The essential VSCs are hydrogen sulfide, dimethyl sulfide, dimethyl disulfide, and methyl mercaptan [25,30] (Table 1). These are produced mostly by anaerobic bacteria. The increased production of malodorous gases occurs mainly in tongue coating, and diseases such as gingivitis and periodontitis and, to a less extent, in pericoronitis, oral ulcers, periodontal abscesses, and herpetic gingivitis [65]. Other volatile organoleptic compounds, such as indole, skatole, amines, and ammonia, are produced by the putrefaction of non-sulfur containing amino acids (i.e., tryptophan, lysine and ornithine). Studies have shown that volatile sulfur compounds are the major contributors to bad breath. Hydrogen sulfide, methyl mercaptan and, to a lesser extent, dimethyl sulfide, represent 90% of the volatile sulfur compounds in halitosis [2,27].
Volatile sulfur compounds can be toxic for human cells even at low concentrations. They contain thiols (-SH groups) that interact with other proteins and support the negative interaction of bacterial antigens and enzymes. The result of this effect is chronic inflammation, periodontal gingivitis, and periodontitis [66]. In human gingival fibroblasts, H2S activates the mitochondrial pathway of apoptosis [67]. The H2S is a known genotoxic agent, which has an impact on genomic instability and cumulative mutations [68]. In studies on rats, it was demonstrated that hydrogen sulfide leads to ultrastructural changes in epithelial cells and periodontal destruction [69]. Increased amounts of H2S by the activation of proliferation, migration, and invasion can also lead to carcinogenesis [70,71]. Fusobacterium nucleatum and Porphyromonas gingivalis belong to the most essential carcinogenic oral bacteria producing VSCs [70,72]. Cancerogenic is also acetaldehyde produced from ethanol by mucosal epithelial cells or oral microflora, e.g., Candida albicans, Candida non-albicans, Neisseria sp., and Streptococcus sp. Acetaldehyde binds to DNA and leads to the formation of DNA adducts, point mutations, and DNA cross-linking [73,74].
Other important substances causing IOH are diamines, such as putrescine and cadaverine. Both compounds are produced from amino acids, putrescine from arginine, and cadaverine from L-lysine [75,76] (Figure 2). Both diamines are associated with the putrefaction of food by bacteria occurring in the dental plaque and severe periodontitis [77].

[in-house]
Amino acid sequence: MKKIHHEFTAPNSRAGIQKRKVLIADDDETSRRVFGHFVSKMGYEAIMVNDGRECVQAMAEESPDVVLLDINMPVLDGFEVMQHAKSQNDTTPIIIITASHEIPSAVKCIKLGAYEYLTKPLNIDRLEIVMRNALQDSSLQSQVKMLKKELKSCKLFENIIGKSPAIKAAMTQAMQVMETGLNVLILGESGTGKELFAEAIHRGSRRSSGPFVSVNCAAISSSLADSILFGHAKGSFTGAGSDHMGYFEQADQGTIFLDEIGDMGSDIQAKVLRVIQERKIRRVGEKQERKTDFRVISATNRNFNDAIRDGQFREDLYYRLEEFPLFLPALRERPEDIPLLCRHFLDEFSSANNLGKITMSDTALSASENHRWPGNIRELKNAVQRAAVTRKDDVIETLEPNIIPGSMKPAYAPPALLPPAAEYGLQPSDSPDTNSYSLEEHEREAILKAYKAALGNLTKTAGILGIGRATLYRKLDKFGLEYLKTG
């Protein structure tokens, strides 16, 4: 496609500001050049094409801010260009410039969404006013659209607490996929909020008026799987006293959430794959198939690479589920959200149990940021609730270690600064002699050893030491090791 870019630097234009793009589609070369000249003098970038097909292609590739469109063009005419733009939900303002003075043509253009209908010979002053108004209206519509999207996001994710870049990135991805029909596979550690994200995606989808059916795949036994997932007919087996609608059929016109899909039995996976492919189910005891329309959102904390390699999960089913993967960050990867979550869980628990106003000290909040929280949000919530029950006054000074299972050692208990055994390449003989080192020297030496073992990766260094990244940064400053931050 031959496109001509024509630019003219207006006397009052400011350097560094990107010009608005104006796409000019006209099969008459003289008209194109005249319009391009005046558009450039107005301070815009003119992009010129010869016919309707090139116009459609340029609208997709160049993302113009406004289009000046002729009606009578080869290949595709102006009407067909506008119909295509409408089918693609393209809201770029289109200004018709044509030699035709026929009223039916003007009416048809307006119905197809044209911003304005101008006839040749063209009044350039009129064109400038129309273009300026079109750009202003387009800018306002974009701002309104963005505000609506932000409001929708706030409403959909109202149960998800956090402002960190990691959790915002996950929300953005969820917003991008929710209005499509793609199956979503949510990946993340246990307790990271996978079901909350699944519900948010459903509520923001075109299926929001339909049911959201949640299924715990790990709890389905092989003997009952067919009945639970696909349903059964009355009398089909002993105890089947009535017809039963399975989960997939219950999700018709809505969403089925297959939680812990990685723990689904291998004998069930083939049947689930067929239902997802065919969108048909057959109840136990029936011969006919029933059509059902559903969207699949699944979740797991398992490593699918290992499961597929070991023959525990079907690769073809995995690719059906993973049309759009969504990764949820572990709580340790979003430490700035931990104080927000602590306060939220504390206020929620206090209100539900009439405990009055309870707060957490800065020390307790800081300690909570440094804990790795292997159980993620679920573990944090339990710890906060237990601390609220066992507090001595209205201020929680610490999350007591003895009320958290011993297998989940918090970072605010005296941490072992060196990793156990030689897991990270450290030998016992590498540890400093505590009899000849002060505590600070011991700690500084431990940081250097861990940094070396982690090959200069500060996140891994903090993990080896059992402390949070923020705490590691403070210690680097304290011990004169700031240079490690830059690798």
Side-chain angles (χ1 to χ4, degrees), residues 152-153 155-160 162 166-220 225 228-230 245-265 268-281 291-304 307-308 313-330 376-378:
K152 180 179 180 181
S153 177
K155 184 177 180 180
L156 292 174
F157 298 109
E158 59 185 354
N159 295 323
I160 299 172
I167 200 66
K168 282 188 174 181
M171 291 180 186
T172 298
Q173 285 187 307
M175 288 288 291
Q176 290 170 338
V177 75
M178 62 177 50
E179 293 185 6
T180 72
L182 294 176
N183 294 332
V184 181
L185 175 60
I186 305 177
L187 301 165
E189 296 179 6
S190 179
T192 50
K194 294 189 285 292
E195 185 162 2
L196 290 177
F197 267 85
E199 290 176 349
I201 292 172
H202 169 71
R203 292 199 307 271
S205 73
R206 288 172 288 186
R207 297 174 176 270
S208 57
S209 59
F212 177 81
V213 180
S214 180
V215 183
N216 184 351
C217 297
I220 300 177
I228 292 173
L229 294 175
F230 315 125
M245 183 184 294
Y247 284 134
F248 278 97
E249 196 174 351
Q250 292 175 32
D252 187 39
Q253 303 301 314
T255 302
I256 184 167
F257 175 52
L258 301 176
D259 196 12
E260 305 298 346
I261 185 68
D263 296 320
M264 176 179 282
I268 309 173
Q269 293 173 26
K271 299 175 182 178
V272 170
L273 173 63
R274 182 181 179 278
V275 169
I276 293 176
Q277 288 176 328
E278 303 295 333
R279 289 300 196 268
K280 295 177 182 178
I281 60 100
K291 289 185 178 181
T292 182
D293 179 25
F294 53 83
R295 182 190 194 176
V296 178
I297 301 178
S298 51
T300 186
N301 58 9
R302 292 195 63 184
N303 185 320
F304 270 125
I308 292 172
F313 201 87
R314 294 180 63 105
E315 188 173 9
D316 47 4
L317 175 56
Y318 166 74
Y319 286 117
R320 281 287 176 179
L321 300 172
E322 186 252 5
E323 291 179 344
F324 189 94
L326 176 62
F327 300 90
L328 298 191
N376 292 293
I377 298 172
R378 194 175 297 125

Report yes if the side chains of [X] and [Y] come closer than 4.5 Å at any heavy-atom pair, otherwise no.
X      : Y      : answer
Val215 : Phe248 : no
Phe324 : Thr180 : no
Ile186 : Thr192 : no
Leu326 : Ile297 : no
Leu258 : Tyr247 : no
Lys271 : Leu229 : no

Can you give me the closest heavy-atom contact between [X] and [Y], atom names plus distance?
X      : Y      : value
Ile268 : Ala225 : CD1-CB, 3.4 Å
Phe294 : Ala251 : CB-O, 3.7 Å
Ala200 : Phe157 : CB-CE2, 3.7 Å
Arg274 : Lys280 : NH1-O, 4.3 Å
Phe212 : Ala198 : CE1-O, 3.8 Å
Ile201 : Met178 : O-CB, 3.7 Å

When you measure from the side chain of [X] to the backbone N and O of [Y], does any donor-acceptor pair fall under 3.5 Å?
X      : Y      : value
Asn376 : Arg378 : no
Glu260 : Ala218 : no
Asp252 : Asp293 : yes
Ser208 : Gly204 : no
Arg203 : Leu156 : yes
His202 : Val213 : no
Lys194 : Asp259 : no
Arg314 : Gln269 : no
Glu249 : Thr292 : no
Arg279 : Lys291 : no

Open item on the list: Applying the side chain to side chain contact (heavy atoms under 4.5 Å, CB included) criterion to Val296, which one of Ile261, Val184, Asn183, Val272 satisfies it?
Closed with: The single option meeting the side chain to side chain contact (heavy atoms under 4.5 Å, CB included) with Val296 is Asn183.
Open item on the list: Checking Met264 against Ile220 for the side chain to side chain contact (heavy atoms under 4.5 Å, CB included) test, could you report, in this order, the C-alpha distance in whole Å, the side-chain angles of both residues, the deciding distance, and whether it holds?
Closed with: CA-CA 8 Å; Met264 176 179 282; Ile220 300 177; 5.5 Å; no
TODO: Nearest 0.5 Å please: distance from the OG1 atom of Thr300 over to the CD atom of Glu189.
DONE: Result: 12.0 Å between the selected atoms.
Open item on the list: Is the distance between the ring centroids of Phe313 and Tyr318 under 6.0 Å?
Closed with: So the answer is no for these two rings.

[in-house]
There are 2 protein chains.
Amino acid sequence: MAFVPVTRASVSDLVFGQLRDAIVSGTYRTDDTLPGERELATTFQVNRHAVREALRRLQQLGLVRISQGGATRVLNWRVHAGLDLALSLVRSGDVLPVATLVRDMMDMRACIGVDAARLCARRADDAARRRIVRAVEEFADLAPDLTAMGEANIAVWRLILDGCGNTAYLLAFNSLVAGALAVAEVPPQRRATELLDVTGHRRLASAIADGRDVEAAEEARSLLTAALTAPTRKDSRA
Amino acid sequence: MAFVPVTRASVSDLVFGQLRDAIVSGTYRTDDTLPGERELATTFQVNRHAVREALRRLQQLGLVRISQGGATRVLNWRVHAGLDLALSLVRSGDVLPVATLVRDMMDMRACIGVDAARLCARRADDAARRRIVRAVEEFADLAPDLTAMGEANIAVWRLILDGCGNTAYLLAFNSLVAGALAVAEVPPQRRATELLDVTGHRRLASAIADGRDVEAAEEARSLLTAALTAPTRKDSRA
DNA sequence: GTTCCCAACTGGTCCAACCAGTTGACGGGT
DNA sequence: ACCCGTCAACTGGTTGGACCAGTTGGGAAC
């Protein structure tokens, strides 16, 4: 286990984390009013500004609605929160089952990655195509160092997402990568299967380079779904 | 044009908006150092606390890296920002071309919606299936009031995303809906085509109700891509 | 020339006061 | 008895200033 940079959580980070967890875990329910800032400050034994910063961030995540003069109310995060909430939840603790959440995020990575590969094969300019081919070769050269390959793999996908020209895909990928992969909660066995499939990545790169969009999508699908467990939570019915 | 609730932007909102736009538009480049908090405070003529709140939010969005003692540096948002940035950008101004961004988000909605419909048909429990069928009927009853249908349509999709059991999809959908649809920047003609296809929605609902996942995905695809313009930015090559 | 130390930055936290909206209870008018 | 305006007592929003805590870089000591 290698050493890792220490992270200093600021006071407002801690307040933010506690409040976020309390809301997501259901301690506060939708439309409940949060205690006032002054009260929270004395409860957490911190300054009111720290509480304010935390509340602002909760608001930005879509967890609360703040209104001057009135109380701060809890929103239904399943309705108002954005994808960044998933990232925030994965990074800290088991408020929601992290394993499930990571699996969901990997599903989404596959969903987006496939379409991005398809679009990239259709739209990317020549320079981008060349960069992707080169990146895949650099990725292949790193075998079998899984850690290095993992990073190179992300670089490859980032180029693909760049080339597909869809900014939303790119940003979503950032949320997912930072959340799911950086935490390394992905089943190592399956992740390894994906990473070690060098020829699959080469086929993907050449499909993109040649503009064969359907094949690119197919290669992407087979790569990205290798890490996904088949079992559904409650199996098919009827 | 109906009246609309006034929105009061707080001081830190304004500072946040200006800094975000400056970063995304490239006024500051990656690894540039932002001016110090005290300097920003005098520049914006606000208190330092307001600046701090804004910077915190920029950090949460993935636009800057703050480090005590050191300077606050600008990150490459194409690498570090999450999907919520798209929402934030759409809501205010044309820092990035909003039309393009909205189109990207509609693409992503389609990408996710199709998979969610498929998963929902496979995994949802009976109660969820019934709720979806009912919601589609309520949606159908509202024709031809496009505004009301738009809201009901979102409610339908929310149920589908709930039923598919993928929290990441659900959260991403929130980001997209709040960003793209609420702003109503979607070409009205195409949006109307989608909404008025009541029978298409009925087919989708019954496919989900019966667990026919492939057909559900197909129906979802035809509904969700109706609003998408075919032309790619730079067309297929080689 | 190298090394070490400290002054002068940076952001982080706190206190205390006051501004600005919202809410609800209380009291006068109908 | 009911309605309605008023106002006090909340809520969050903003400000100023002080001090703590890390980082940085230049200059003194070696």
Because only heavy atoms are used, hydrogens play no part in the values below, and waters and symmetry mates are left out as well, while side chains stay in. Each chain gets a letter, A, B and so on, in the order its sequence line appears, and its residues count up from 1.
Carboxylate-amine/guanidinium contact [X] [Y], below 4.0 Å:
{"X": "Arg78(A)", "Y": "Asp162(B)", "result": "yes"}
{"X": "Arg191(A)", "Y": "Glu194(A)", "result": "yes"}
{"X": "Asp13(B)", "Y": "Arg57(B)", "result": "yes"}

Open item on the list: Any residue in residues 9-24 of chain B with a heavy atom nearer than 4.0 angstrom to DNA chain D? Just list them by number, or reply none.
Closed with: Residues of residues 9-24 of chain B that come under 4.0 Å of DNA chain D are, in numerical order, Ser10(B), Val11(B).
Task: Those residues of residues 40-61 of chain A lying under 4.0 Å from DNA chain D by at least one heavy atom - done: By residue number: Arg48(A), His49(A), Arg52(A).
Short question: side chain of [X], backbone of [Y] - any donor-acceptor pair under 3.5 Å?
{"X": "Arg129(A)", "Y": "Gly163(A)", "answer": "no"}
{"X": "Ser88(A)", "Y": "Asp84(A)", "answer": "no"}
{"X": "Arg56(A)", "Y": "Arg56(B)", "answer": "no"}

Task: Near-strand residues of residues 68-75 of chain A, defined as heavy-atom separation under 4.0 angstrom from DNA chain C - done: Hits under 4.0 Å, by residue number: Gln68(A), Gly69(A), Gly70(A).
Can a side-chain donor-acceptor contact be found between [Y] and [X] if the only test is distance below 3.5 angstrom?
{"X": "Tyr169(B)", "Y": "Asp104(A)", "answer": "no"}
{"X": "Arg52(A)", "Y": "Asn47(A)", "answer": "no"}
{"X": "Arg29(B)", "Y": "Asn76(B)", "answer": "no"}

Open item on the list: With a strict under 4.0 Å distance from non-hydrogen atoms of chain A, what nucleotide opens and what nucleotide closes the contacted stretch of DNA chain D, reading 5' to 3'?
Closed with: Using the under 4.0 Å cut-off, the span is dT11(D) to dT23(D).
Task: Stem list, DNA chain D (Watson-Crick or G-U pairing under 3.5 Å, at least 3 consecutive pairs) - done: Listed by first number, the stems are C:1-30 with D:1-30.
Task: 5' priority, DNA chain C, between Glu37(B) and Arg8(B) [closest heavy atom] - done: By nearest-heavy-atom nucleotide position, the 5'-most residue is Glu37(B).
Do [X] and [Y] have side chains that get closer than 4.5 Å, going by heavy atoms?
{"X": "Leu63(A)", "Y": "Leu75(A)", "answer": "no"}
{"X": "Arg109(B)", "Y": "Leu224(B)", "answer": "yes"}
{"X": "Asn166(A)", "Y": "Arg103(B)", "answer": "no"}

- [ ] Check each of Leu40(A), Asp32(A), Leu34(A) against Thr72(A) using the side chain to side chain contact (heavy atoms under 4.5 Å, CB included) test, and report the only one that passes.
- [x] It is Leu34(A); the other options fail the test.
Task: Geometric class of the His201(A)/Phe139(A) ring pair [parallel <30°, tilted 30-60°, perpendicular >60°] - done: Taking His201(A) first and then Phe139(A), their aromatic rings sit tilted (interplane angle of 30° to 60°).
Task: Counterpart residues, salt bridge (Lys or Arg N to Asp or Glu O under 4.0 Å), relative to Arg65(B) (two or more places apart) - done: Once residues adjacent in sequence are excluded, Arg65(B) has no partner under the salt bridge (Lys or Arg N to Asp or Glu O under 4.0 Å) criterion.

Gram-negative bacteria, mostly Enterobacteriaceae, which can colonize the oral cavity and dentures, produce urease that hydrolyzes urea into carbon dioxide and ammonia [78]. Escherichia coli can form ammonia from cysteine using cysteine desulfhydrase [79] or reduce nitrates to ammonia [73]. Major contributors to trimethylamine production are gut bacteria, which can be inhabitants of the oral cavity, such genera as Anaerococcus, Clostridium, Collinsella, Desulfovibrio, Lactobacillus, E. coli, Citrobacter, Edwardsiella, Providencia, and Proteus [74,80,81,82,83,84].
Indole and skatole are produced in high amounts by intra-oral, Gram-positive Streptococcus milleri, and anaerobic Gram-negative bacteria such as Porphyromonas intermedia, Fusobacterium nucleatum, and Porphyromonas gingivalis. Small amounts of both aromatic compounds produced Aggregatibacter aphrophilus, Staphylococcus epidermidis, and Streptococcus sanguis [85].

4. Microbiota Responsible for Intra-Oral Halitosis

The human oral cavity microbiota is an ecosystem consisting of various symbiotic microbes. There is a relationship between the global composition of indigenous bacterial populations and human health [86,87]. The oral microbiota is truly diverse and consists of 50–100 billion bacteria. There are about 700 taxa, of which one-third cannot be grown in vitro [88,89]. A vast range of microorganisms inhabit the human oral cavity, including bacteria, fungi, viruses, and protozoa [90,91]. The basic oral microbiota consists of phyla, such as Firmicutes, Proteobacteria, Fusobacteria, Bacteroidetes, and Actinobacteria. The most dominant genera are Streptococcus, Veillonella, Gemella, Granulicatella, Neisseria, Haemophilus, Selenomonas, Fusobacterium, Leptotrichia, Prevotella, Porphyromonas, and Lachnoanaerobaculum. Lots of current findings reported that oral bacteria can be biomarkers that differentiate healthy and pathological conditions within the oral cavity. The oral microbiota research is used as a diagnostic and prognostic tool in the aspect of human health. In the human body, the oral cavity is the second site, after the colon, containing the largest diversity of microbial populations [92]. Simultaneously, changes in the gut microbiota are reflected in the oral microbiota, and the microbial communities of the oral cavity and gastrointestinal tract are predictive of each other [93,94,95].